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The New Arab

Israel cancels Ramadan permits, closes Jerusalem to Palestinians following deadly attack

Israel has ramped up security measures following the attack in Jerusalem. [Getty]

Date of publication: 18 June, 2017

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Israeli authorities have rescinded 250,000 permits for Palestinians to enter Jerusalem after an Israeli border policewoman was killed on Friday by three attackers.
Israeli authorities have rescinded Ramadan permits for Palestinians to enter Jerusalem after an Israeli border policewoman was killed on Friday by three attackers.

Three Palestinians armed with knives and a gun were shot dead after attacking and killing the female border policewoman at the Damascus Gate of Jerusalem’s Old City.

The Islamic State group that it was behind the fatal stabbing but Hamas and the Popular Front for the Liberation of Palestine, a leftist group, claimed the assailants came from within their ranks. Israeli security services also cast doubt on the claims by IS.

Following the deadly attack, Israel immediately ramped up punitive measures, rescinding more than 250,000 permits allowing Palestinians to enter Jerusalem for Ramadan celebrations.

Major General Yoav Mordechai -- head of COGAT, the Israeli defence ministry agency responsible for civilian affairs in the Palestinian territories -- said the family visit permits were cancelled in response to "encouragement to terrorism" by Palestinian president Mahmoud Abbas's Fatah movement.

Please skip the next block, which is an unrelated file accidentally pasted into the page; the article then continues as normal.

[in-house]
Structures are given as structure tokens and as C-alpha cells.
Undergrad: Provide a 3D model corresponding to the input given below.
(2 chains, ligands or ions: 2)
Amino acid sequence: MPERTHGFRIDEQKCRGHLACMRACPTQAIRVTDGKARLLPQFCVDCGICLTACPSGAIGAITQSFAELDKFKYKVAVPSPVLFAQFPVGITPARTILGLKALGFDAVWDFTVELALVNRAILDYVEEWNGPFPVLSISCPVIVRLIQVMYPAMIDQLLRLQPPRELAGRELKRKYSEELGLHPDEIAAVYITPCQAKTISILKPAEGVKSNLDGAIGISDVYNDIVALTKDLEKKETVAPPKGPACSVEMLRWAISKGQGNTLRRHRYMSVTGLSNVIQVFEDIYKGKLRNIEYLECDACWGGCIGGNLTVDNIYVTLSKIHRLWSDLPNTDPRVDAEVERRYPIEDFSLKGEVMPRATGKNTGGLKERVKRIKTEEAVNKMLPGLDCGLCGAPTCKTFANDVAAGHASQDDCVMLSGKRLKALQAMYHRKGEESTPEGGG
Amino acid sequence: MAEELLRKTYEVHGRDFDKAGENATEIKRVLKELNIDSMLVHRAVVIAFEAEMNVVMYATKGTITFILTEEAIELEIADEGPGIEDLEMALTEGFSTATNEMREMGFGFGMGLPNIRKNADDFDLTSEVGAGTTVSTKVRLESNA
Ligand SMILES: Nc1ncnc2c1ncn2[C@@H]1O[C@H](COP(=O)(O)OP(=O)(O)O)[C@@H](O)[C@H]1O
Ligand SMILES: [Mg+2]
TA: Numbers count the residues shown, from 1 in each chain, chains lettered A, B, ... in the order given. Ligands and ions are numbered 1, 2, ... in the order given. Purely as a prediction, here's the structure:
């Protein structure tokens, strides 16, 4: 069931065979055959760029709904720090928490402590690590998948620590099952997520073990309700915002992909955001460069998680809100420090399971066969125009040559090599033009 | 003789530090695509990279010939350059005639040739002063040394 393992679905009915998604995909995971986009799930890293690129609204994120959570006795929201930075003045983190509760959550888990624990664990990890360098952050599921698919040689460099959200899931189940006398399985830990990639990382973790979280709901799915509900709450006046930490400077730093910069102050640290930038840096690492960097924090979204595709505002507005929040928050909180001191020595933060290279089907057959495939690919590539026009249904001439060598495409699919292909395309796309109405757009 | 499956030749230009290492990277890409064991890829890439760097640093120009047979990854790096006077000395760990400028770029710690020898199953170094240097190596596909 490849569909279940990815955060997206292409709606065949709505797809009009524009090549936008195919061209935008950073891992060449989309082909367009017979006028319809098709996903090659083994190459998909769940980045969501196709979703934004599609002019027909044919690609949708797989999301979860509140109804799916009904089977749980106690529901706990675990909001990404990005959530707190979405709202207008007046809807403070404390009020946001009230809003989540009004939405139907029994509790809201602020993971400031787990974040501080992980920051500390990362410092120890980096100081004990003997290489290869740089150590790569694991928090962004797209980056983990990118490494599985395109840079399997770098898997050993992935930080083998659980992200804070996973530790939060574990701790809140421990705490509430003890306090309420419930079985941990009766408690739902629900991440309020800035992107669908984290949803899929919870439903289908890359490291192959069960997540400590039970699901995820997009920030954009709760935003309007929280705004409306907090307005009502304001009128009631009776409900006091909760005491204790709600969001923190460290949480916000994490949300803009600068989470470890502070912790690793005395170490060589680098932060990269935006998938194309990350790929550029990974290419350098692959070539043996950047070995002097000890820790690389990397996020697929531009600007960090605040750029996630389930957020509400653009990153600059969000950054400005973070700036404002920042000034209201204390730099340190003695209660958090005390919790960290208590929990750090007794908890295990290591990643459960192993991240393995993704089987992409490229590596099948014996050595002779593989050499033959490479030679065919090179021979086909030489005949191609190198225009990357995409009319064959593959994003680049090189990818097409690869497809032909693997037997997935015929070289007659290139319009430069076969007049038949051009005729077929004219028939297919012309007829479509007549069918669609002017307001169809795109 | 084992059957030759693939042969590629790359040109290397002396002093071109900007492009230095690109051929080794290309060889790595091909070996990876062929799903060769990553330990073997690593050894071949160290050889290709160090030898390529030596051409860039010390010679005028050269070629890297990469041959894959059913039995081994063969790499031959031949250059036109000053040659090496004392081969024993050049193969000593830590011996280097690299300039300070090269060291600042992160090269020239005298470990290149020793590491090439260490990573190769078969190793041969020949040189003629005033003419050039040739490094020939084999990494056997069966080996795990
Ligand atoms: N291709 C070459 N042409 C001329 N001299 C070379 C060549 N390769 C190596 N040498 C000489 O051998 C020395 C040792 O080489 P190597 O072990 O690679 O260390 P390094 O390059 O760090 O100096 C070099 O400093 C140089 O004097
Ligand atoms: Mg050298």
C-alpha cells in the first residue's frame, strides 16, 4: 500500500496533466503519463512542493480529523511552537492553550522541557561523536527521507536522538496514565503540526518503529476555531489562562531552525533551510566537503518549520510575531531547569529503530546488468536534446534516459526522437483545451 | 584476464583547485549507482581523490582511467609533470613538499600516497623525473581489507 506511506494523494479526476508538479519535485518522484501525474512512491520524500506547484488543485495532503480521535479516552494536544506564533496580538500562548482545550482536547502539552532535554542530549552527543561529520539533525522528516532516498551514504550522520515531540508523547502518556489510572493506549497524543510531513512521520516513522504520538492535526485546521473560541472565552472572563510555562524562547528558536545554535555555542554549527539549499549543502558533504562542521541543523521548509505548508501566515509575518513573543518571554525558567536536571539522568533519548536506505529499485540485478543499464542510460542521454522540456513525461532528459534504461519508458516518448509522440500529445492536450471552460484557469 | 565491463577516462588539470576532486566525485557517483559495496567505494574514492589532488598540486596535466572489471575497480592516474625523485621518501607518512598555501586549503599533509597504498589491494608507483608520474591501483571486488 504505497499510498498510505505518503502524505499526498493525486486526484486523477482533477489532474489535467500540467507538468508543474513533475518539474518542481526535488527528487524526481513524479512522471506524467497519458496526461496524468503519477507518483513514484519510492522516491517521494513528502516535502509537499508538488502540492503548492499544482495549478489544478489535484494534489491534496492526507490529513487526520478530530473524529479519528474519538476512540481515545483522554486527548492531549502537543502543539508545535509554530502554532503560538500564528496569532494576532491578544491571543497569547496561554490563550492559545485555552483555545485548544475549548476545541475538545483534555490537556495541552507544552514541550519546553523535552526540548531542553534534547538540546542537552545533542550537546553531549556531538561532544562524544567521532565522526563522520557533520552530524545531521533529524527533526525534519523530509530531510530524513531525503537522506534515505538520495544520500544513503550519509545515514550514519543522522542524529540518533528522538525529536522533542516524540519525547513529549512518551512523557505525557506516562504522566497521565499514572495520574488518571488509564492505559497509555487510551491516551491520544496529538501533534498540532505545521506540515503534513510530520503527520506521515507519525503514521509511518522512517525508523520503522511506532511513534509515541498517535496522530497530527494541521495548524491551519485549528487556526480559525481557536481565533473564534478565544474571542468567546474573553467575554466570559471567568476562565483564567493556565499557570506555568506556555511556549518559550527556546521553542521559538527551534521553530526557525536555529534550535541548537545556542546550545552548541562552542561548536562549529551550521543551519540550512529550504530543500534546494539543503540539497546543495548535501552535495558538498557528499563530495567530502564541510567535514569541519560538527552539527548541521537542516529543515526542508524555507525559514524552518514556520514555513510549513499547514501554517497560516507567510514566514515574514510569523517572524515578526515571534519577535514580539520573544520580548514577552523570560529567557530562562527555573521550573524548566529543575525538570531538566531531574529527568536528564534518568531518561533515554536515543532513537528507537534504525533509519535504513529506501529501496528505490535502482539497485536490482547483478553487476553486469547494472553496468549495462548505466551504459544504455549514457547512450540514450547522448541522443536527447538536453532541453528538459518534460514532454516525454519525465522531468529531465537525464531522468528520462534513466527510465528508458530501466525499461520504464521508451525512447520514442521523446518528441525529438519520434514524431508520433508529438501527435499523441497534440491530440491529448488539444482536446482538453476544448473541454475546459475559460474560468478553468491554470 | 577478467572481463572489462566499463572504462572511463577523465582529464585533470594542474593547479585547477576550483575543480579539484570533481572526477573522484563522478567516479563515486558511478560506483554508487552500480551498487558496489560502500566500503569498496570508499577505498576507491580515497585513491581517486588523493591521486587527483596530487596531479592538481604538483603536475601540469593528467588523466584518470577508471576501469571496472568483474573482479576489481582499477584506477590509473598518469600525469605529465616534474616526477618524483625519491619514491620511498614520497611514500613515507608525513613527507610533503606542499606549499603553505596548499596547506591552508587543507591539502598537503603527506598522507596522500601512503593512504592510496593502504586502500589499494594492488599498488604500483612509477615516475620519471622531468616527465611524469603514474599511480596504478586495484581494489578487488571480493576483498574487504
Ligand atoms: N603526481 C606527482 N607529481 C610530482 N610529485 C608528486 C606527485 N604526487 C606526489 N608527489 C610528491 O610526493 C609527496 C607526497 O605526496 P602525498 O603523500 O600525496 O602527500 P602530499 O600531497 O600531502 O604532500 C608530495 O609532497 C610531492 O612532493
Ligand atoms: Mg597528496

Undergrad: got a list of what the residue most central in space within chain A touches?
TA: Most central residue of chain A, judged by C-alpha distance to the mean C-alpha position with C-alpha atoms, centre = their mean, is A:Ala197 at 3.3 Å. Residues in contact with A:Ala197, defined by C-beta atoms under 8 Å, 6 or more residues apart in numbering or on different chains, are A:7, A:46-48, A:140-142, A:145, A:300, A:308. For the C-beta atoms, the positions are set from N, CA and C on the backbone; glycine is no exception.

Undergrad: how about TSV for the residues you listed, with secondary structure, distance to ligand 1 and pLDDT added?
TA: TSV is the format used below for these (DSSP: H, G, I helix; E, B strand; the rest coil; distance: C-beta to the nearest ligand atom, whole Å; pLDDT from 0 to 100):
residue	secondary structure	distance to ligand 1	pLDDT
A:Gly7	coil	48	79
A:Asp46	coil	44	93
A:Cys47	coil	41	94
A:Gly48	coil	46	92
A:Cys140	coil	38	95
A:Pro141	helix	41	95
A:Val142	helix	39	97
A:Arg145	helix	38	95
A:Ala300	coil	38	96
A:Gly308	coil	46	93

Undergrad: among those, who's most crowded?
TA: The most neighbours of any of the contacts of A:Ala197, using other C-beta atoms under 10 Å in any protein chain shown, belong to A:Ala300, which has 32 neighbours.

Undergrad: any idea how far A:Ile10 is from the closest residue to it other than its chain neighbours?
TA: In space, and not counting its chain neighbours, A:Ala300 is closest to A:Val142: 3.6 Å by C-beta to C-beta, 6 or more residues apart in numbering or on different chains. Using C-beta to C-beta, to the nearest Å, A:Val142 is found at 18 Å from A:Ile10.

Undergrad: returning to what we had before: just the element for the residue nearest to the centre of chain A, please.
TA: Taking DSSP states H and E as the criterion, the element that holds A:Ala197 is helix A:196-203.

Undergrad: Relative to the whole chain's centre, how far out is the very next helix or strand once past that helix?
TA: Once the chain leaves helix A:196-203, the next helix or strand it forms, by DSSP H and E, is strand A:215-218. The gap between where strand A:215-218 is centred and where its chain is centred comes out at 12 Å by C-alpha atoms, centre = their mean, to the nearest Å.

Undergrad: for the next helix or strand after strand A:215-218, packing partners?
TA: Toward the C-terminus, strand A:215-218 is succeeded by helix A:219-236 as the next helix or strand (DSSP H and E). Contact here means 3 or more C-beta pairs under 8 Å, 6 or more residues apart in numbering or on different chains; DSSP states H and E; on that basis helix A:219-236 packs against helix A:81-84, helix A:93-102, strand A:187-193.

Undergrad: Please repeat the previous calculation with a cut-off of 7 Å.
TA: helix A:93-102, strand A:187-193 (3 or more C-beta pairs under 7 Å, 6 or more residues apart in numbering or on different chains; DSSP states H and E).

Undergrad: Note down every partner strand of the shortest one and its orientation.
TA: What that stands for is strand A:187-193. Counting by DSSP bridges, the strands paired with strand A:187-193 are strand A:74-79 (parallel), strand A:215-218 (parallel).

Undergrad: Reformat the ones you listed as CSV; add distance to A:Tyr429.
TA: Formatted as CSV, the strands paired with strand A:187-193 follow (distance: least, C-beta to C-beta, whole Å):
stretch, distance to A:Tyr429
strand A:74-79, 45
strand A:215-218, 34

The permit system tightly controls Palestinian movement but Israel usually issues extra permits during religious holidays as a goodwill gesture for Palestinians to pray at the Al-Aqsa mosque.

Fatah condemned the killing of the three Palestinians via the official Wafa news agency while Israeli Prime Minister Binyamin Netanyahu demanded the Palestinian Authority and the international community condemn the attack

Punitive house demolitions

Late Friday, Israeli military forces imposed a closure on the West Bank village of Deir Abu Mashal, where the attackers hailed from, in preparation for a punitive demolition of their homes, villagers told Ma’an News Agency.

Israel has for decades employed a policy of demolishing the homes of relatives of Palestinians who have carried out attacks on Israelis.

Military checkpoints were set up in the village with residents prevented from entering or leaving, locals told Ma’an News Agency, while 22 unregistered vehicles were confiscated by Israeli forces.

Clashes broke out following the army raids, with three Palestinians shot and dozens suffering tear gas inhalation.

On Saturday, Israeli police rounded up over 350 Palestinians in Jerusalem in a mass crackdown on undocumented workers, a police spokesman said.

So far in 2017, at least 30 Palestinians have been killed by Israeli security forces and settlers.

Unrest that broke out in October 2015 has claimed the lives of 272 Palestinians, 42 Israelis, two Americans, two Jordanians, an Eritrean, a Sudanese and a Briton, according to an AFP tally.

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